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NAW Asks Pennsylvania Supreme Court for new Product Liability Standard

Washington, DC (June 18, 2008) … The National Association of Wholesaler-Distributors (NAW) is one of 11 organizations which this week filed an amicus curiae (“friend of the court”) brief asking the Pennsylvania Supreme Court for a more reasonable product liability standard for non-manufacturer distributors in failure-to-warn cases.

Bugosh v. I.U. North America, Inc. revolves around plaintiff’s claim that he was exposed to asbestos-containing pipe that was supplied by I.U.N.A. I.U.N.A. did not manufacture the pipe, and asbestos products constituted only one percent of the products I.U.N.A. distributed. At trial, the defendant was barred from presenting evidence of what it knew or should have known about the dangers of the product at the time of sale. The Pennsylvania Superior Court upheld the trial court’s Order.

In the brief, amici trace the development of “strict liability” (i.e., liability based on the condition of the manufacturer’s product rather than the conduct of the defendant) constructed in Section 402(A) of the Restatement of Torts (Second) (1965) (“Sec. 402(A)”). Despite the focus of the Reporters of Sec. 402(A) on manufacturing defects, courts has since struggled to apply strict liability “to very different claims involving defective design and failure to warn,” the result of which “has been a confusing and contradictory body of products liability law …” Amici argue that Section 2 of the Restatement Third, Torts (1998) (“Third Restatement”) resolves the conflict by “setting forth distinct principles of manufacturing defect, design defect and failure to warn.” In its definition of “inadequate instructions or warnings,” the Third Restatement uses terms (e.g., “foreseeable” and “reasonable”) that are associated with the seller’s conduct and knowledge and thus clarifies “that a manufacturer or distributor of a product may only be liable for failing to warn of foreseeable risks” and not for scientifically or technologically unknowable “hindsight risks.”

Amici further contend that the path charted by the Reporters of the Third Restatement does not depart from the intent of Sec. 402(A) whose Reporters commented, “… failure to warn requires a fault-based inquiry whereby a manufacturer or distributor cannot be held liable for failing to warn about a risk that was not known and was not knowable at the time the product was sold … almost every court has declined to impose ‘liability by hindsight’ in failure-to-warn cases.” The brief proceeds to remind the high court that “the general concept that a duty to warn flows from what a manufacturer or seller knew or should have known continued to run through case law and statutes and remained uncontroversial in many states. This touchstone for failure-to-warn claims is now a well accepted principle …”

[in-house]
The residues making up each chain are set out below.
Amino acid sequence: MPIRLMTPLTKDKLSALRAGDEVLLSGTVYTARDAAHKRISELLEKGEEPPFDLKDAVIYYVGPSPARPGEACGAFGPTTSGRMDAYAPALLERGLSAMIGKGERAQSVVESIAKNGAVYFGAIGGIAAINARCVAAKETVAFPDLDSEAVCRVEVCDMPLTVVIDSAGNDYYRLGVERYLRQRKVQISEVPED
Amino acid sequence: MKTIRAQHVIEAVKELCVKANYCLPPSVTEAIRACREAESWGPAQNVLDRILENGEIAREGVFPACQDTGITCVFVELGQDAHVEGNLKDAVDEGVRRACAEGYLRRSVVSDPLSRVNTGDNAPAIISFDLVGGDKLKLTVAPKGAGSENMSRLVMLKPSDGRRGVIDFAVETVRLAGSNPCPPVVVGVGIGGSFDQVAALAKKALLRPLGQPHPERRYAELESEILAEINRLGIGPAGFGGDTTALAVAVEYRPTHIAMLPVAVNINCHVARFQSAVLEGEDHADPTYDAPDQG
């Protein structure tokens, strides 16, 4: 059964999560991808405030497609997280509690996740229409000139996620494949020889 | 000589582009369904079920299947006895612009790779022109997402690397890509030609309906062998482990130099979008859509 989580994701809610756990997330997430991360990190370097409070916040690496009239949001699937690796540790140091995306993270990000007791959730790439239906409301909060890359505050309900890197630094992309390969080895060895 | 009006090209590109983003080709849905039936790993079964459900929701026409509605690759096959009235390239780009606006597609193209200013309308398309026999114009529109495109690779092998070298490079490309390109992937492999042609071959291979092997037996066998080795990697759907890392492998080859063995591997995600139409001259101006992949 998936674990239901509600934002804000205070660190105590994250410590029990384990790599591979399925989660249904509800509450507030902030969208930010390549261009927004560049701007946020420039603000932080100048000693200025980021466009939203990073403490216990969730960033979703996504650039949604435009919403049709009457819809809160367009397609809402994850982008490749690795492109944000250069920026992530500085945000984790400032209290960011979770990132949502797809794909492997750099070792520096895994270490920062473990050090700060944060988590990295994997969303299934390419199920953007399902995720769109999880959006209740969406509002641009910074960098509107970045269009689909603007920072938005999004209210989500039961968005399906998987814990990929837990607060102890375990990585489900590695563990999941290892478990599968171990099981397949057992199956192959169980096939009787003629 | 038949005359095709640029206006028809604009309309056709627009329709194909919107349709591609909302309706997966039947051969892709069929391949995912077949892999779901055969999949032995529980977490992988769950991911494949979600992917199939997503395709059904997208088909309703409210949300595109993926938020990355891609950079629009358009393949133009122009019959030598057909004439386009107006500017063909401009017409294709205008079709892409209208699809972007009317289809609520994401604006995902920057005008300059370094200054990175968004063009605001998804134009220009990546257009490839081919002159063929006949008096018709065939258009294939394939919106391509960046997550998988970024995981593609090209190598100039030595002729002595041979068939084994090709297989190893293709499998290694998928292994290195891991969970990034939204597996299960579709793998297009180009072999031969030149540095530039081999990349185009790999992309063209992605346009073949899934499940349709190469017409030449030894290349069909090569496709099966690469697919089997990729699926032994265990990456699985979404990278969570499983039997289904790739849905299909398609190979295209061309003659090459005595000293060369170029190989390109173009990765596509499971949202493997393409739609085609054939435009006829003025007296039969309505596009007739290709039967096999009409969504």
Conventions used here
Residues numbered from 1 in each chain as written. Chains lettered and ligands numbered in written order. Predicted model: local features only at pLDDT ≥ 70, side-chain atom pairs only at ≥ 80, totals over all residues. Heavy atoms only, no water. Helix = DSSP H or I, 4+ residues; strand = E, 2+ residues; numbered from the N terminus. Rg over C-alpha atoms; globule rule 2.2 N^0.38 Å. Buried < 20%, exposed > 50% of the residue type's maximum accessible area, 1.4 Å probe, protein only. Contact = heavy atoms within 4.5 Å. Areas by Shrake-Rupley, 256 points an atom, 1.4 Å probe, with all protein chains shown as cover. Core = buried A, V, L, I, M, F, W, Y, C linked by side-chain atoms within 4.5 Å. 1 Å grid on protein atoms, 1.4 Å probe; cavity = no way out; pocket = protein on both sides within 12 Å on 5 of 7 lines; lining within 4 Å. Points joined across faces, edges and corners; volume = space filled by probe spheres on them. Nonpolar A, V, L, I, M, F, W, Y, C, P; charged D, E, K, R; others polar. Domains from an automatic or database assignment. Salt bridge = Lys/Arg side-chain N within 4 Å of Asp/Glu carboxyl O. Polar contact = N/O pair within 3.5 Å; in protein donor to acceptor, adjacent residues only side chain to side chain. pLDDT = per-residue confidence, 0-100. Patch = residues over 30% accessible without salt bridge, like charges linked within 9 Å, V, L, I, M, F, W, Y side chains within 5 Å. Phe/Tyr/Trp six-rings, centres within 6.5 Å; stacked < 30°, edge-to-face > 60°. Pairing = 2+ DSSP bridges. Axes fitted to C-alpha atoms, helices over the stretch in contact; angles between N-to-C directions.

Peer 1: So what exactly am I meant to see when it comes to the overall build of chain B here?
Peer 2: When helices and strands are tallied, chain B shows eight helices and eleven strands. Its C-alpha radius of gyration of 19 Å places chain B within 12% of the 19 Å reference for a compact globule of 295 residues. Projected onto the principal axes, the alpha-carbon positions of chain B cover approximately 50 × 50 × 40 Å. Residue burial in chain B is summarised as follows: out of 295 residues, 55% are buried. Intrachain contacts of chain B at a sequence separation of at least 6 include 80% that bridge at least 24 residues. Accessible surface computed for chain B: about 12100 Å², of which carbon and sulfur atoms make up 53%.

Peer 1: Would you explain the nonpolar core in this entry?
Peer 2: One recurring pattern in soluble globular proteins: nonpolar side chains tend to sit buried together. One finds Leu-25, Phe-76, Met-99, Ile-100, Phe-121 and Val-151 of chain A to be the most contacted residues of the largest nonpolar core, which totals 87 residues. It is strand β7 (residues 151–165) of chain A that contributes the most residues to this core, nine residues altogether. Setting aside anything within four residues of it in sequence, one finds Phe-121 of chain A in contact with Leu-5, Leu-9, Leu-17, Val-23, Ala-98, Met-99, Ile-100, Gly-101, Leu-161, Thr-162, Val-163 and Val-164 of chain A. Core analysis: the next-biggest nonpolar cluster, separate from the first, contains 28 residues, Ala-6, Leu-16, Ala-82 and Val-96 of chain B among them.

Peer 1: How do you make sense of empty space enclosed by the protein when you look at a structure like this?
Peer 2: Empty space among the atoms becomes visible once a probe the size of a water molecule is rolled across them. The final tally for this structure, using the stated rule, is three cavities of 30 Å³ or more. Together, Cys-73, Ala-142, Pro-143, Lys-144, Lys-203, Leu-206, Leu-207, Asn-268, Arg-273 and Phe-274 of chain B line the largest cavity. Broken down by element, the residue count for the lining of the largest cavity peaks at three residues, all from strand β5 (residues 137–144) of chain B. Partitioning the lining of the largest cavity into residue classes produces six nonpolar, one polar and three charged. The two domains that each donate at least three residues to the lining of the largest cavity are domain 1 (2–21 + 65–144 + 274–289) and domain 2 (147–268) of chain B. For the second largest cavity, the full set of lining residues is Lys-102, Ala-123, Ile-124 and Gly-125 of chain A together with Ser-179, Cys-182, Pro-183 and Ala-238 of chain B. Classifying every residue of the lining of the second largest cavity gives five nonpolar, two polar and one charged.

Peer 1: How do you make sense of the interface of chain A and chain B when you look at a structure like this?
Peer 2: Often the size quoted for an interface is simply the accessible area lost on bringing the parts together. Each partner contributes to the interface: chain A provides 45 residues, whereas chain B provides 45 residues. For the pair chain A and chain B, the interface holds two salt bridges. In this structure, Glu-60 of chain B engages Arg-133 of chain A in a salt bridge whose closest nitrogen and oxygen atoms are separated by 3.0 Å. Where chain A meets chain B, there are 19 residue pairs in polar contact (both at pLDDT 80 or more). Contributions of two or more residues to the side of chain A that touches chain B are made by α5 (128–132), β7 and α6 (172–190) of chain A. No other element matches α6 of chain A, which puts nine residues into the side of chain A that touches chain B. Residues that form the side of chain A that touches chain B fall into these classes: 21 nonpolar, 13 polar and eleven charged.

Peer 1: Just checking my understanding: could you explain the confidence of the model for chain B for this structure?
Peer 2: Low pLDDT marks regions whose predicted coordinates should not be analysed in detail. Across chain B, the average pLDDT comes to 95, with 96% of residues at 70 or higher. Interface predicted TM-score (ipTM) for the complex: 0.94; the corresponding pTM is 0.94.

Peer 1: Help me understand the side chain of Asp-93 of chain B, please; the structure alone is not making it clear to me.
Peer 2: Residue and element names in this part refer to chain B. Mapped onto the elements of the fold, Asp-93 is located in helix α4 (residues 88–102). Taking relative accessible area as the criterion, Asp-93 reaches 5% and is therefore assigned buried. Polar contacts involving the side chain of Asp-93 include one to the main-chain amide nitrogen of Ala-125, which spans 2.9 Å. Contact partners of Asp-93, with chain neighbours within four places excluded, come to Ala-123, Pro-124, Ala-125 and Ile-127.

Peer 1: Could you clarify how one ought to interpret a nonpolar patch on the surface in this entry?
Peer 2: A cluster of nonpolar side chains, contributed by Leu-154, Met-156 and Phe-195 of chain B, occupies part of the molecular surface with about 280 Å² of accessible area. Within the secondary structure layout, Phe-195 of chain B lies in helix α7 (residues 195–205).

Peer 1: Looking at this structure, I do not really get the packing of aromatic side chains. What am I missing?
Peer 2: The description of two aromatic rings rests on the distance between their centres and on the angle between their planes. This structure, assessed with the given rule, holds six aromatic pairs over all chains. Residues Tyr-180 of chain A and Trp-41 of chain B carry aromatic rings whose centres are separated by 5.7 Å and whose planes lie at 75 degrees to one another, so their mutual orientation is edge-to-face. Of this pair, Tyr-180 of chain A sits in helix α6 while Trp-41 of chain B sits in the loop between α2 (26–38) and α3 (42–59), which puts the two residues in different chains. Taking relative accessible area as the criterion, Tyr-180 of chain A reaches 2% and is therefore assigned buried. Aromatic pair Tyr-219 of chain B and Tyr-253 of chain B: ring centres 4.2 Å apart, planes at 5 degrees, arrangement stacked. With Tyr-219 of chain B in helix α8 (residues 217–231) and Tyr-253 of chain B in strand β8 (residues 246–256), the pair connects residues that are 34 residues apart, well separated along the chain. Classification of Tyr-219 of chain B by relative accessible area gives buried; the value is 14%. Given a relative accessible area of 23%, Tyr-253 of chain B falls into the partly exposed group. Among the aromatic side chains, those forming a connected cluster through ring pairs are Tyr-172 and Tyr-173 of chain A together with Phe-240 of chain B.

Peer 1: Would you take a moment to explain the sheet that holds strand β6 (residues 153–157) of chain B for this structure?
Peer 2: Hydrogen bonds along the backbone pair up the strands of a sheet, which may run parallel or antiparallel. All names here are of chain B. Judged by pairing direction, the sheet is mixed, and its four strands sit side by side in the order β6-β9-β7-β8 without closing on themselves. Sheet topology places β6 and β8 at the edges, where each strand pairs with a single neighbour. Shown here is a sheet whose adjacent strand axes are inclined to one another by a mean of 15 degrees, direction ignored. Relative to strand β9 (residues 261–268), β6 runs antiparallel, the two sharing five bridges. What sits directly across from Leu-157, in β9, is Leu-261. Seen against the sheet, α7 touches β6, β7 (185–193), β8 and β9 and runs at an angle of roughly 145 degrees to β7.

Finally, amici suggest that to uphold the lower courts in Bugosh would have the opposite affect; i.e., of holding distributors liable under a standard greater than that applied to manufacturers. “Under both the Restatement (Second) and the Third Restatement, as well as the overwhelming majority of cases that have considered the issue, ‘hindsight liability’ is not (emphasis added) imposed on manufacturers. As distributors are held to the same standard as manufacturers for claims of failure to warn, neither manufacturers nor distributors are, or should be subject to liability for hindsight failures to warn … Product sellers, including distributors … should not be subject to liability in a manner that is greater than a manufacturer would have under either the Restatement (Second) or the Third Restatement.

“This case is a legal embodiment of what NAW has tried for decades to achieve in federal product liability reform legislation; namely, to get a fair standard of product seller liability that appropriately lays responsibility for injury-causing product defects at the doorstep of the party that caused the defect and was in the best position to remedy it. Holding nonmanufacturer product sellers liable for unknowable risks, which the appeal to the Pennsylvania Supreme Court in Bugosh challenges, only serves to encourage plaintiff trial lawyers to unjustly haul innocent wholesaler-distributors into court in their unending search for deep pockets to sue,” said Jim Anderson, NAW Vice President-Government Relations.

“The Bugosh appeal is an extremely important case with a potential affect well beyond asbestos product liability litigation and well beyond the borders of Pennsylvania,” observed NAW General Counsel George Keeley, senior partner in the Chicago law firm Keeley, Kuenn & Reid. “This case involves a genuinely consequential issue that is being litigated before the highly-respected Supreme Court of a major industrial state. The decision the Pennsylvania Supreme Court renders in this case is of the kind that courts in other jurisdictions will look to in adjudicating relevant products cases going forward and will therefore have a significant impact on the product liability exposure of wholesaler-distributors for years, perhaps decades to come,” Keeley said.

Note: Click here to view a copy of the amicus brief.

The National Association of Wholesaler-Distributors is the national voice of the wholesale distribution industry.  Its membership encompasses more than 100 national and regional line-of-trade associations, and approximately 40,000 wholesale distribution companies.